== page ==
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Little England, Museum of Comedy – Review

Pros:  A funny and entertaining show with good performances from all concerned.

Cons:  The points being made were accentuated unnecessarily. 

Pros:  A funny and entertaining show with good performances from all concerned. Cons:  The points being made were accentuated unnecessarily.  The Museum of Comedy is an interesting place full of old posters, props, books and photographs. It is worth getting there a bit early to get a drink from the bar and have a good look around. The cosy theatre space smells a bit damp which is to be expected as it is in the basement space of a church. It does not have raked seating, but the venue is so small this should not be an issue. A domestic…

Summary

Rating

Good

An entertaining glimpse of a possible near future, post Brexit domesticity where extreme views and the economy appear to have spiralled out of control

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The Museum of Comedy is an interesting place full of old posters, props, books and photographs. It is worth getting there a bit early to get a drink from the bar and have a good look around. The cosy theatre space smells a bit damp which is to be expected as it is in the basement space of a church. It does not have raked seating, but the venue is so small this should not be an issue.

A domestic scene in post Brexit Stoke-on-Trent. Dorothy (Julia Faulkner) has mobility issues following a stroke, and is having difficulty finding a carer now that all the ‘foreigners’ have been deported. Her son Ralph (Richard de Lisle) has managed to find a good prospect, though. Heidi (Clare Aster), originally from somewhere in Europe, now has no family or roots anywhere but England. She wants to remain in the country but needs a place to stay (or should that be hide), having lost her nursing job. Dorothy reluctantly agrees to take her on in an illegal capacity. There follows a predictable tale of friendship growing between Heidi and Dorothy, love blossoming between Heidi and Ralph and Heidi’s eventual discovery by the authorities.

The play is a lot more enjoyable than the outline suggests, though as the whole piece is humorous with many laugh-out-loud lines. It pokes fun at Brexiteers, political leaders and their policies. Scotland is independent, with Hadrian’s Wall being rebuilt, and ‘they’ are going to pay for the work. Politicians, no longer in the limelight in the real world, have reappeared in unlikely roles. There are lots of little touches such as the telephone number to report illegal foreigners (it was 6661984); the concept of ‘Speedo dating’, which conjures all sorts of images in my head, and the fact that Heidi, the foreigner, was the character making puns and jokes in English. Be sure to listen to the soundtrack, which provides additional entertaining commentary.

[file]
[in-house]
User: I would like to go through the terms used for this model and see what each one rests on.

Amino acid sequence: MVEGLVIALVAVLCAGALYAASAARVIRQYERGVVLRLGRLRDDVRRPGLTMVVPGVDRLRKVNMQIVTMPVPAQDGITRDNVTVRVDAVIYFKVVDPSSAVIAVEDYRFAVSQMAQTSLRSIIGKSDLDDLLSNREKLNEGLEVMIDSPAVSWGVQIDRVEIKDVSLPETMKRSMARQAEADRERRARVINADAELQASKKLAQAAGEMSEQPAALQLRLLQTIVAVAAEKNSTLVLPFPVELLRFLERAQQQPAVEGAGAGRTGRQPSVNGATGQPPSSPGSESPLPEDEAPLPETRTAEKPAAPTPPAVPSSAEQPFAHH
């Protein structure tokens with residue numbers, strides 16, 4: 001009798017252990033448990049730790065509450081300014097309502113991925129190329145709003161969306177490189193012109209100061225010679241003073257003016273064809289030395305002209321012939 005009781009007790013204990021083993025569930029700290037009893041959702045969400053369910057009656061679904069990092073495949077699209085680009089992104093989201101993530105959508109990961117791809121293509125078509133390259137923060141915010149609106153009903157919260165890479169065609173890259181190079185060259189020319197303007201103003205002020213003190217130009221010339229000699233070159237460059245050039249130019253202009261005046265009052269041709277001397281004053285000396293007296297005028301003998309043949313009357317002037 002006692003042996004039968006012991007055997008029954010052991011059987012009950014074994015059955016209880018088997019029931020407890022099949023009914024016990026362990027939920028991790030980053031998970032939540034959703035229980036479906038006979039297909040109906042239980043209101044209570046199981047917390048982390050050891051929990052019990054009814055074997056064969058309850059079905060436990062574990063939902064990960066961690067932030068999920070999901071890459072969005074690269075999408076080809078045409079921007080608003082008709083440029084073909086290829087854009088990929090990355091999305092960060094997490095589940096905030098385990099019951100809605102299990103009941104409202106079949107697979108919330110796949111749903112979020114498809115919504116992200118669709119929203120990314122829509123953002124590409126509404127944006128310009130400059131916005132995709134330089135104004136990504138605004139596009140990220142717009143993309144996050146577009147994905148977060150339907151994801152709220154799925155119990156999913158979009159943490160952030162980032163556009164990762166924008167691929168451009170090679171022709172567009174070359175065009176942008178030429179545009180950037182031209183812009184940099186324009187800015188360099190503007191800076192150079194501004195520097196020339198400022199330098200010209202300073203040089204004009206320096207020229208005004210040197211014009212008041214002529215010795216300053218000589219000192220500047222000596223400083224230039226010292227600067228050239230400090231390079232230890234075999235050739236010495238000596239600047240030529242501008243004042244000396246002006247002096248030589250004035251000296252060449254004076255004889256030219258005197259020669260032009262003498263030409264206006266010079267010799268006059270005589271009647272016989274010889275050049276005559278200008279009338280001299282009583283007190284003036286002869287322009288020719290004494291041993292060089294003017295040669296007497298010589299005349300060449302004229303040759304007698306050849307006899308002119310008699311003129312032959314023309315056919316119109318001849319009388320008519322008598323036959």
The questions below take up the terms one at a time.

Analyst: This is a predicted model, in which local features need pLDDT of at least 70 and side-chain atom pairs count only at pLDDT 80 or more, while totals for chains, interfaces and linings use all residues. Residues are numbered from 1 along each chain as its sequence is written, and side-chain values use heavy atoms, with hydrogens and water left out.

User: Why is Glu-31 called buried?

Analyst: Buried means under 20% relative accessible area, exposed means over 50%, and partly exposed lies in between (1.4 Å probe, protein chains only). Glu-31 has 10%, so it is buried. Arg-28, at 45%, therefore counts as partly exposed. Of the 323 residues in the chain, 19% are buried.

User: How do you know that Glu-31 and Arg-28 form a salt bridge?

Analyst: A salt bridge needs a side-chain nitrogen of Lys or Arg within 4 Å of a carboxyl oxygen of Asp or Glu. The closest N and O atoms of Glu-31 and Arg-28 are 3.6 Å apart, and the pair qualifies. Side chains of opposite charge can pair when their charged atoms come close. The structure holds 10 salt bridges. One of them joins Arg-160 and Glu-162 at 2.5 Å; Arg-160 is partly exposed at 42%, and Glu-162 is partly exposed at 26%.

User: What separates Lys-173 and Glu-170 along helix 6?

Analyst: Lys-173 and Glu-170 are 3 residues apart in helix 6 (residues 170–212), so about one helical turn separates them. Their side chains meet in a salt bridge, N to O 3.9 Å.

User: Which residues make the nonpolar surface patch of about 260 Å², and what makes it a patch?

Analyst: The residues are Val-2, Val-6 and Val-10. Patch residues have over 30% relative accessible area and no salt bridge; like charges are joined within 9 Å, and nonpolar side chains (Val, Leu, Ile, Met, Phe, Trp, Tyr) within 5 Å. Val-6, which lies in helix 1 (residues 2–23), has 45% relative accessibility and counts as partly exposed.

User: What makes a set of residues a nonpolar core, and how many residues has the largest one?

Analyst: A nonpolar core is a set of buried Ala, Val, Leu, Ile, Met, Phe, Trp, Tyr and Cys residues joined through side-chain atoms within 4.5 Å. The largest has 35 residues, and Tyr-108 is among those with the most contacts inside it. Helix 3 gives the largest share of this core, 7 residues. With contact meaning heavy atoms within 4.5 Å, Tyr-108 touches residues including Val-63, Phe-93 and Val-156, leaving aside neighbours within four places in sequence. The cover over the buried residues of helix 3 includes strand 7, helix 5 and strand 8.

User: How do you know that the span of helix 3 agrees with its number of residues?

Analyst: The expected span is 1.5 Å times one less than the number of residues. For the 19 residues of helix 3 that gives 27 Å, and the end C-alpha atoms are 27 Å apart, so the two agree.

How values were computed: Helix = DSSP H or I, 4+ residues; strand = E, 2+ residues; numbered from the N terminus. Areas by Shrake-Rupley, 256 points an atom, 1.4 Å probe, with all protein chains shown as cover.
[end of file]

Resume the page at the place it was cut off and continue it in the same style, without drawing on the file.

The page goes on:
Although amusing and entertaining, it does not really add anything profound to the whole Brexit issue, relying on generalisations and stereotypes. The comparisons with Nazi Germany and 16th century England are emphasised so many times in the dialogue I was reminded of the ‘Show not Tell’ instructions from far off school days. My review companion described it as Painting by Numbers. The terms ‘British’ and ‘English’ seem to be used interchangeably, and there is no mention of Wales or any of the Commonwealth countries at times when it would been appropriate to do so.

Despite the gaps, good performances from all concerned ensured an agreeable evening which was both funny and also a little bit depressing. Let’s hope it is not the shape of things to come.

Written and Directed by:  Ian Dixon Potter
Producer: Golden Age Theatre Company
Box Office: 02075341744
Booking Link: https://museumofcomedy.ticketsolve.com/shows/873592018
Booking Until: 18 November 2018

 

About Irene Lloyd

Currently a desk zombie in the public sector, Irene has had no formal training or experience in anything theatrical. She does, however, seem to spend an awful lot of her spare time and spare cash going to the theatre. So, all views expressed will be from the perspective of the person on the Clapham omnibus - which is what most audiences are made up of after all.